It does not have to rain to cause flooding. Floods can result from a number of other causes. These include:
Tsunamis such as the Indian Ocean Tsunami of 2004 can flood significant areas of low lying coastal areas with sea water. Flooding affects not only coastal areas but may extend along estuaries and coastal lakes and rivers some distance from the ocean. Flooding caused by tsunamis may carry very large amounts of debris.
Although dam failures are rare, their effects can be significant. Dam safety is monitored and some dams have early warning systems for communities that lie downstream of the dam and close to the dam. Should dam failure occur, significant downstream flooding with potentially swift flowing water and high amounts of debris can occur.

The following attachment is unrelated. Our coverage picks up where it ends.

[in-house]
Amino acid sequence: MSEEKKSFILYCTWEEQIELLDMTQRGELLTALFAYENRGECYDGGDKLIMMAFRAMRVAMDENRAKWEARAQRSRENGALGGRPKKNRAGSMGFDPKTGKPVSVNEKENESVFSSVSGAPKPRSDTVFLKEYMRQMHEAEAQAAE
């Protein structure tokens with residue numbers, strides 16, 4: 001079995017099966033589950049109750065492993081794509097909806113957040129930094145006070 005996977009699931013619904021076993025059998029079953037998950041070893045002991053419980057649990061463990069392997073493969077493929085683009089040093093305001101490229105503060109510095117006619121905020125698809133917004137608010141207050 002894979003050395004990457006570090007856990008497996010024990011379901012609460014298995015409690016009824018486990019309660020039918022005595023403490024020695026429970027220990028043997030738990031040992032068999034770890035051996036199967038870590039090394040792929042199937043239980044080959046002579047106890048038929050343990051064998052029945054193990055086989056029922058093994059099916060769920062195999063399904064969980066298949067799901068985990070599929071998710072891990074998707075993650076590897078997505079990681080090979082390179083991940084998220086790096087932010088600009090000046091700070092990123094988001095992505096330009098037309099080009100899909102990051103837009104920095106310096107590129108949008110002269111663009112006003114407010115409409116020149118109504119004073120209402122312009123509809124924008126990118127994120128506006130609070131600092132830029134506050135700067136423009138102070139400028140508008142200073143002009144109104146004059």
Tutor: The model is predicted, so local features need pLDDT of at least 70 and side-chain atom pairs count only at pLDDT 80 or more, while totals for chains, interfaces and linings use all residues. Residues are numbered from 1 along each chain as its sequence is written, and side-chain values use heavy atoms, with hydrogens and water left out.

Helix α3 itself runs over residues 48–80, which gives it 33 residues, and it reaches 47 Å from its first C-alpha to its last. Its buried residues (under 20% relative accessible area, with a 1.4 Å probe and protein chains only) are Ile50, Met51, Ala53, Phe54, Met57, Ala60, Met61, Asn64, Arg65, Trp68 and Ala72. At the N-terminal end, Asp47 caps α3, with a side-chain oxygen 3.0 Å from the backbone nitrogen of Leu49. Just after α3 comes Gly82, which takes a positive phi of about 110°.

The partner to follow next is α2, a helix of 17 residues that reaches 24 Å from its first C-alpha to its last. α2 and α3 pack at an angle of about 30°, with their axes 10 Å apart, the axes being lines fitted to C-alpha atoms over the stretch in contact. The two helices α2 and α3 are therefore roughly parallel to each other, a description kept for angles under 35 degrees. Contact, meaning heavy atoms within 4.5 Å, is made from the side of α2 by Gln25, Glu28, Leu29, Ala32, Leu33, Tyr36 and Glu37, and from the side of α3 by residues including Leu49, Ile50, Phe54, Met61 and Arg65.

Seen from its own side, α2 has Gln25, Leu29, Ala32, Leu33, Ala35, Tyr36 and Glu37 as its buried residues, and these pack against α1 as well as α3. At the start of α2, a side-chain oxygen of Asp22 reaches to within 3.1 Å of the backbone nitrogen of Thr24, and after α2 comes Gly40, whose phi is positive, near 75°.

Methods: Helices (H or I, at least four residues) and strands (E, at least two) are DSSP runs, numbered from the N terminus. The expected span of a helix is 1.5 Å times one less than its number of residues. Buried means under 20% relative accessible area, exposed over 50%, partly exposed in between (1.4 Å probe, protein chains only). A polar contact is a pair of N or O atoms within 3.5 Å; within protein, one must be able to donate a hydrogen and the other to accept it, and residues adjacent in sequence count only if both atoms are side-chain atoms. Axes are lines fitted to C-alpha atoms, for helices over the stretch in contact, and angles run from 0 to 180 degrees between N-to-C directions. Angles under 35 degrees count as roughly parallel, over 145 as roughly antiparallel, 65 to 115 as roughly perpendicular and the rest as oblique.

Sometimes pipelines carrying water can rupture causing localised flooding. The effects can range from minor inconvenience to significant releases of water that can erode roads and flood yards and houses.
Sea levels can be elevated above the highest high tide of the year due to the action of tropical and mid-latitude cyclones.
Under tropical and mid-latitude cyclones locally low pressure can cause sea levels to rise as there is less air pressing down on the sea. This is a particular problem with tropical cyclones where atmospheric pressures can be very low.
Persistent very strong onshore winds can result in the sea being 'piled up' against the shore locally raising sea levels and potentially flooding low lying coastal areas.